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Author: Anna Baranowska

269 TEN TenPoland Anna Baranowska Over the past two decades, Poland has experienced pronounced economic and institutional changes. The transition to a market economy started in 1990 with radical and comprehensive reforms aimed at eliminating detailed state intervention in both labour and product markets (Balcerowicz, 1994). The reform strategy dealt not only with the type of measures, but also with their phasing – they were all launched simultaneously and proceeded at a high rate in what has been referred to as ‘shock therapy’. In the literature on

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Author: Anne White

197 TEN Return to Poland You can, you can definitely return to Poland!... If someone has gone abroad, they can come back any time. (Emilia, north-east Poland) They are forever ‘just on their way back’, but they never manage to return! (Lidia, Wielkopolska, on friends living with children in Germany) This book explores factors which help determine Polish families’ decisions about how long to stay in the UK, and therefore, by implication, whether and when to return to Poland. Chapters Eight and Nine discussed some of the reasons why such families had

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99 SIx Poland: redefining social policies Irena Wóycicka and Maciej Grabowski Defining Poland’s official position towards european social policy initiatives is difficult, because as a result of parliamentary elections in the autumn of 2005 the right-wing Law and Justice Party took power and announced a radical political transformation. The former left-wing liberal government declared support for modernising the european social model (eSM), focusing on employability and vocational activation. Instead, the present ruling elite seem to emphasise the need to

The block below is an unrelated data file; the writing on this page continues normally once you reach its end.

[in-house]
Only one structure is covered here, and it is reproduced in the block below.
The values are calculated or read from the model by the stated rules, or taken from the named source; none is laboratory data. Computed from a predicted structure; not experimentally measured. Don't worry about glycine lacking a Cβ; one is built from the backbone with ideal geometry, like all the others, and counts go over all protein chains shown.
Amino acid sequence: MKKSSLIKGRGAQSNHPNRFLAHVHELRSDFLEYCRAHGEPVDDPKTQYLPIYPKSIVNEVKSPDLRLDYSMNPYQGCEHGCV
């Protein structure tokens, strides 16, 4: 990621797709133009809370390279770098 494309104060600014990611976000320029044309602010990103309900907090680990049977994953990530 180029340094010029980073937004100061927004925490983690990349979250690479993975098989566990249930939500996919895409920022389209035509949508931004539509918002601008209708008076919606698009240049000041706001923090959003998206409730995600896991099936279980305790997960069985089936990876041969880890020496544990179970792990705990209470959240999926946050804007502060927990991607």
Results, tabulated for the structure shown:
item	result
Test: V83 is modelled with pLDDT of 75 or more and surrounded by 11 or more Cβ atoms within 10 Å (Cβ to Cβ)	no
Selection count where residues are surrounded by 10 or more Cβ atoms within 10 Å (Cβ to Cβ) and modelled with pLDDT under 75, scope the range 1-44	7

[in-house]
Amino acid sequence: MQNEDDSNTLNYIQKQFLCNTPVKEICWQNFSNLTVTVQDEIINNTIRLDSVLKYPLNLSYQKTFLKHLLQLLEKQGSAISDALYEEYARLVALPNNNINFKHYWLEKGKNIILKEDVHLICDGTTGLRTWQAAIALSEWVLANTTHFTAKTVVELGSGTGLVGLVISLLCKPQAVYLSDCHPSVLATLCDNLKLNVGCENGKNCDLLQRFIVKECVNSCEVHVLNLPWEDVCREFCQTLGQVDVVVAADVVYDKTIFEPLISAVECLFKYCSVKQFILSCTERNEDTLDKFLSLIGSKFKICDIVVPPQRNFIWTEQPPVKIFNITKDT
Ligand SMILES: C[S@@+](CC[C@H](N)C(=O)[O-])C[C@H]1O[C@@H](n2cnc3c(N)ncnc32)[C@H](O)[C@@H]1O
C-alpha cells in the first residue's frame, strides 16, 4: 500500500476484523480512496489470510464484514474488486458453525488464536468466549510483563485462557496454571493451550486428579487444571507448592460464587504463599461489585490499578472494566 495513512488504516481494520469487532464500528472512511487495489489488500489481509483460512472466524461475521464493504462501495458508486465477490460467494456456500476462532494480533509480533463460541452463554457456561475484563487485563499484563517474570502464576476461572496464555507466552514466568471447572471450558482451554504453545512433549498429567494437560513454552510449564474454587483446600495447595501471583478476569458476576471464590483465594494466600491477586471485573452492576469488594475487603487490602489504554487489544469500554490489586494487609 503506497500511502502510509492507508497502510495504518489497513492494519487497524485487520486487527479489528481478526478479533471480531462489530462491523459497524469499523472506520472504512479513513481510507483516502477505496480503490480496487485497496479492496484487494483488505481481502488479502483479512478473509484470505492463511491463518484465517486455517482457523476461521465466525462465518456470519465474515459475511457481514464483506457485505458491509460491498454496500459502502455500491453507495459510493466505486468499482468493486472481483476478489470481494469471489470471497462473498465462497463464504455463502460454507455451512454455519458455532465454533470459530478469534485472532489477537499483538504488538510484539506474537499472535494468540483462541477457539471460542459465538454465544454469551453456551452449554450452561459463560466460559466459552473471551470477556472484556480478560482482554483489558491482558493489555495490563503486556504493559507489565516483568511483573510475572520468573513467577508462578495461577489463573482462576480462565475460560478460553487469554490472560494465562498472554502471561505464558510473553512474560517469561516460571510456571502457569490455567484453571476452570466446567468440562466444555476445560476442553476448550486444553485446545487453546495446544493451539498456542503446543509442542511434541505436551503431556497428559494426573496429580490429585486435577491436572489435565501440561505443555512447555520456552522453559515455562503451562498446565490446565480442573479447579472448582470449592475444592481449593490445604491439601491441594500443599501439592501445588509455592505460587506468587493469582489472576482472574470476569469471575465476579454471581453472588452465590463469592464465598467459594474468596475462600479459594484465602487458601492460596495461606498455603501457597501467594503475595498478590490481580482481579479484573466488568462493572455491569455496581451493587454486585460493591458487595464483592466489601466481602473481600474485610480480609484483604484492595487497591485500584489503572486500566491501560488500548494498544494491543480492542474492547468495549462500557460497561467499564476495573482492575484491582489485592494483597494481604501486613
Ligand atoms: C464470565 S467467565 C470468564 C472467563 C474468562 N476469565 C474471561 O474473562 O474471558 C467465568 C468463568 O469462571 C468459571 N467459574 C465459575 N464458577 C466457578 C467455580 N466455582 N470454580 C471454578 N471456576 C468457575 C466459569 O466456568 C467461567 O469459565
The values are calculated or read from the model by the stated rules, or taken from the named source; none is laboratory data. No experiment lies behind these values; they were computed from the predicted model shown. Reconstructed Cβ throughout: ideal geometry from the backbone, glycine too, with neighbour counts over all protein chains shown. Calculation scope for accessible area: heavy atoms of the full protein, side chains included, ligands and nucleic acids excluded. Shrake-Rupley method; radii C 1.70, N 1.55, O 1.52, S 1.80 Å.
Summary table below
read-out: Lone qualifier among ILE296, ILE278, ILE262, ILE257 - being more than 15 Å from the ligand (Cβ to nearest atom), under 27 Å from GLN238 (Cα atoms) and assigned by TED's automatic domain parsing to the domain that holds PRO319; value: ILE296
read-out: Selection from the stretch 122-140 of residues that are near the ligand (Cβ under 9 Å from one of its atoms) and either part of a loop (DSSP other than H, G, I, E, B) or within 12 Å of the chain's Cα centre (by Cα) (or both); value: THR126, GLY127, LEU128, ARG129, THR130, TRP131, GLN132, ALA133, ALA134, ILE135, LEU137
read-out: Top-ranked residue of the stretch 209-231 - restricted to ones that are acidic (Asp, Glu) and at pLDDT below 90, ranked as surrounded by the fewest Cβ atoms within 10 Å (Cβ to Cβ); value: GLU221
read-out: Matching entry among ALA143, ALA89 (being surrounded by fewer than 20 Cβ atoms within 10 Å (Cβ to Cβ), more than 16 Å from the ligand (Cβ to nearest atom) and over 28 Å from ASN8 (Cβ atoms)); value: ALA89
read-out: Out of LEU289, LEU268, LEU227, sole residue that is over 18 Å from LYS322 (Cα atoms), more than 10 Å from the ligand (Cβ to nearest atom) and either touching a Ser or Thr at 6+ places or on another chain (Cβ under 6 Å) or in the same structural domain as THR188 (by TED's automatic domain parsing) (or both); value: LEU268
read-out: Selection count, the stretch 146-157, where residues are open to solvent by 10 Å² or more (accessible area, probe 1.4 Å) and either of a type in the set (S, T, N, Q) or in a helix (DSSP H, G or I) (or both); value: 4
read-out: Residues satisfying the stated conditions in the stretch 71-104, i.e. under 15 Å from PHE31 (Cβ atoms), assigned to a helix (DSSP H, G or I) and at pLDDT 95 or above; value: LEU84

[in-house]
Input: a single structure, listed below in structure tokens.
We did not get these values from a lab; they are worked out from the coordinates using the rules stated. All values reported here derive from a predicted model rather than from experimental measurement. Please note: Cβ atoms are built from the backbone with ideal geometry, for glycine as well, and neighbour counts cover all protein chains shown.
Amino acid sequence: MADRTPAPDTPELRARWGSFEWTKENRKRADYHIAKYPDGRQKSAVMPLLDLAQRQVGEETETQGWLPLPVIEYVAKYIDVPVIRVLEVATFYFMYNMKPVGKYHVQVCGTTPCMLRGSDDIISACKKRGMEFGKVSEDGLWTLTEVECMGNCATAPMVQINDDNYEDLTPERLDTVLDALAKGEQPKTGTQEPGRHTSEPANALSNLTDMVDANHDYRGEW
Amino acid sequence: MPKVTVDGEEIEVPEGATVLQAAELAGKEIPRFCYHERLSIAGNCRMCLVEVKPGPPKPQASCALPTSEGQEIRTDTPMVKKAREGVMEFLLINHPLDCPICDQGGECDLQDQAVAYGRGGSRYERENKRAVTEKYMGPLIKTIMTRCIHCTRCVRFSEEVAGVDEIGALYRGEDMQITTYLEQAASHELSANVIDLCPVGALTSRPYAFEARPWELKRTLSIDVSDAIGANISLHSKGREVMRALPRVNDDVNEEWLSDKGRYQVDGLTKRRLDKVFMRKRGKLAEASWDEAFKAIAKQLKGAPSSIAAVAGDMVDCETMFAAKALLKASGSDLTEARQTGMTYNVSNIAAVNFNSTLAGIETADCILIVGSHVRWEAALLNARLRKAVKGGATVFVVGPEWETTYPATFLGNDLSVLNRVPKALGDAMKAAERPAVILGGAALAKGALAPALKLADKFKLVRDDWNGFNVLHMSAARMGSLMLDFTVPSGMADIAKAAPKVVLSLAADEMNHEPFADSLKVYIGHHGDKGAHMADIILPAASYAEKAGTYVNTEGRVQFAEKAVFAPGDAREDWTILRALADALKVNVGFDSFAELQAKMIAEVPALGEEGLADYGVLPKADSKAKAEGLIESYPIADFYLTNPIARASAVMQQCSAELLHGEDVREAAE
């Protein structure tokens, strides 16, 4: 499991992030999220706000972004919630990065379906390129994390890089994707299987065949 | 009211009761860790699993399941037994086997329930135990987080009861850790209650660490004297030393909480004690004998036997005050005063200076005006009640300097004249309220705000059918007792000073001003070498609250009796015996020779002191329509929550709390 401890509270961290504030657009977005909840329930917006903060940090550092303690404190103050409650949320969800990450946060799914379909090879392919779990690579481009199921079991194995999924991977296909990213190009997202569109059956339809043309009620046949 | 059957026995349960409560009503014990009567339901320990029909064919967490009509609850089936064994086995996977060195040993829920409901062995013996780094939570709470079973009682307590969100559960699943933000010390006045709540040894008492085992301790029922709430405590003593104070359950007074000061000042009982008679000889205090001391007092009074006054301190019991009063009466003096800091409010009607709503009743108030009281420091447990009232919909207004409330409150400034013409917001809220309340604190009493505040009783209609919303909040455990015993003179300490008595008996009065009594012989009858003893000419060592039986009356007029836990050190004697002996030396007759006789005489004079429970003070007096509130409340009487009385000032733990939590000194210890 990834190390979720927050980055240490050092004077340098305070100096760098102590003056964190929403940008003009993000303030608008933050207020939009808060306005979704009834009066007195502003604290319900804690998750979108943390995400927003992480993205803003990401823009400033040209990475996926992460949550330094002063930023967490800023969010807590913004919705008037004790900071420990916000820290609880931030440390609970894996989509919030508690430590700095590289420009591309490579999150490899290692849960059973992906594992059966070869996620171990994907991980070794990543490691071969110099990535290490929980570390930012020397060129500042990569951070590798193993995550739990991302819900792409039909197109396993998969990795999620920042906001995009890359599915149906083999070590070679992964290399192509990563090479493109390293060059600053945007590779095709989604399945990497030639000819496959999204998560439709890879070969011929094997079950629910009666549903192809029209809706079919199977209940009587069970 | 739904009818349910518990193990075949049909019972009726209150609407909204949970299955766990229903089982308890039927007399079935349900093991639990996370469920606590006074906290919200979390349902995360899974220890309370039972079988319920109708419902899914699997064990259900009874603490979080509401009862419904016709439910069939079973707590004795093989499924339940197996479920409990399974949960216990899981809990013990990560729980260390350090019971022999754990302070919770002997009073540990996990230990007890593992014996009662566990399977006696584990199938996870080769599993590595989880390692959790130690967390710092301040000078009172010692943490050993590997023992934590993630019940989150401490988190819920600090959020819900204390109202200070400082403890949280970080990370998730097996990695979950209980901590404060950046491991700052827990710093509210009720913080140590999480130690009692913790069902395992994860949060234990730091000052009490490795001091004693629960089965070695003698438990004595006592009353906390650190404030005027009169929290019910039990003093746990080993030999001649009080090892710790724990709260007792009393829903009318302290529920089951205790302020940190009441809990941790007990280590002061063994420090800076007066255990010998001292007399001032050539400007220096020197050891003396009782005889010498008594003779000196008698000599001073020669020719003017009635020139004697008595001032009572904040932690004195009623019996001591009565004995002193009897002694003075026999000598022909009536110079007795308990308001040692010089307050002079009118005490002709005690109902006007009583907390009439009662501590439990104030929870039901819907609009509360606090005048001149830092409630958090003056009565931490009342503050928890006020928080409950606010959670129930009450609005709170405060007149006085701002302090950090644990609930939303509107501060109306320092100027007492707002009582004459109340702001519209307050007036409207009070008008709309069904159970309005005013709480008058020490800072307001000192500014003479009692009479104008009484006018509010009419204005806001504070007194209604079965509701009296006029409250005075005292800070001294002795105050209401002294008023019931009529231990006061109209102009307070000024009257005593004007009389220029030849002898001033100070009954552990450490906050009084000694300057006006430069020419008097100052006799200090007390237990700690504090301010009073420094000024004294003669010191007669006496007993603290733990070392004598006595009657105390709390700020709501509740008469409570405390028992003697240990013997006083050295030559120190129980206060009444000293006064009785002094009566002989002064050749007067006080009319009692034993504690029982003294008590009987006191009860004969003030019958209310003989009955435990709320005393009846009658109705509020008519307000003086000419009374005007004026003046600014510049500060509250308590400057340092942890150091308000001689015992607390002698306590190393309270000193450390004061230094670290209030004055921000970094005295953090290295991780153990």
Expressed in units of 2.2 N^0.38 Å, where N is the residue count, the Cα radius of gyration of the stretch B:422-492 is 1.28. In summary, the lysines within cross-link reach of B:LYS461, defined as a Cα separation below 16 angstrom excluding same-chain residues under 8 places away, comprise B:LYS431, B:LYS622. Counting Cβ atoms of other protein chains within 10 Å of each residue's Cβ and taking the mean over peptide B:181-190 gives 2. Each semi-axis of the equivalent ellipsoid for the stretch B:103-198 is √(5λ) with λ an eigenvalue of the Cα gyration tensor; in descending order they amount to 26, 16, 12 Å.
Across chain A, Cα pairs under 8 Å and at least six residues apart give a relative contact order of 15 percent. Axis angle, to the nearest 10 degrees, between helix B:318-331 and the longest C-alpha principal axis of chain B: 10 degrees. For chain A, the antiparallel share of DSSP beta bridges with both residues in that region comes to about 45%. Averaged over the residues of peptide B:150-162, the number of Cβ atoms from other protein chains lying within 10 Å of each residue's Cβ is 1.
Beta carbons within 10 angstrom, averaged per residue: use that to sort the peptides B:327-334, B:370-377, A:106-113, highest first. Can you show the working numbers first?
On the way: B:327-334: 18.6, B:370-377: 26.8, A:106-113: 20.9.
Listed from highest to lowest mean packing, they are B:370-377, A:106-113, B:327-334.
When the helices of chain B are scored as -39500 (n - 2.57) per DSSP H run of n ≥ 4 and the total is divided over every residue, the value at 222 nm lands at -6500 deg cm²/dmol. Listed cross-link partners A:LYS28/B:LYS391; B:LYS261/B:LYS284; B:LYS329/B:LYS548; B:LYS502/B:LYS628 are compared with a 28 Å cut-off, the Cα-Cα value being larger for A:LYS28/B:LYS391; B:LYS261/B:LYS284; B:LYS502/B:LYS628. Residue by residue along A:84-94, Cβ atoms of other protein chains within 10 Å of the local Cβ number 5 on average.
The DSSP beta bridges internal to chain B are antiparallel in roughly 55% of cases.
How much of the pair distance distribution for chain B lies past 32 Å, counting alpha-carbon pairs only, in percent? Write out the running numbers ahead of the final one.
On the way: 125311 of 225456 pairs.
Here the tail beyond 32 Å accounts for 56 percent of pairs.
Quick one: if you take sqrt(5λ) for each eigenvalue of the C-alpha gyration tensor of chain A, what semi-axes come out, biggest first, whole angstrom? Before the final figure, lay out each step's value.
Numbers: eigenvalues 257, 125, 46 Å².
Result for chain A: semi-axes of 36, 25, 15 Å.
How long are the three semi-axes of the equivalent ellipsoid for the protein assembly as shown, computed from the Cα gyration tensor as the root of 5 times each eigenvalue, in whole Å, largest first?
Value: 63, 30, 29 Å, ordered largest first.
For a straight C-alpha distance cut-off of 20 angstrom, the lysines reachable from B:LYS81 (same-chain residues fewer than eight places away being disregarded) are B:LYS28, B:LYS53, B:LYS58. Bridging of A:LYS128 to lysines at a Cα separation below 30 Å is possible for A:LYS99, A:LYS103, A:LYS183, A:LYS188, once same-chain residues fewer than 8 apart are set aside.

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105 SIX Disabled people and employment in Poland Monika Struck-Peregończyk Introduction The Republic of Poland is a Central European country with a population of 38.5 million people. It is estimated that between 12.2% and 21.5% of the Polish population can be considered as disabled. The lower figure comes from the last National Census carried out in 2011 (CSO, 2013a, p 24), which defines a disabled person as ‘a person who has an appropriate disability certificate or a person who does not have such a certificate but has a limited ability to perform basic

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Author: Anne White

27 TWO Post-communist Poland: social change and migration This chapter provides some background information about Poland as a whole, giving the context for the more detailed examination of livelihoods in specific Polish locations that follows in Chapters Three to Seven. The term ‘post- communist’ is used, the adjective preferred by political scientists, in preference to ‘post-socialist’, a label used by some sociologists and anthropologists. The Polish political system from 1944-89 was far from ‘socialist’, as social democrats understand the term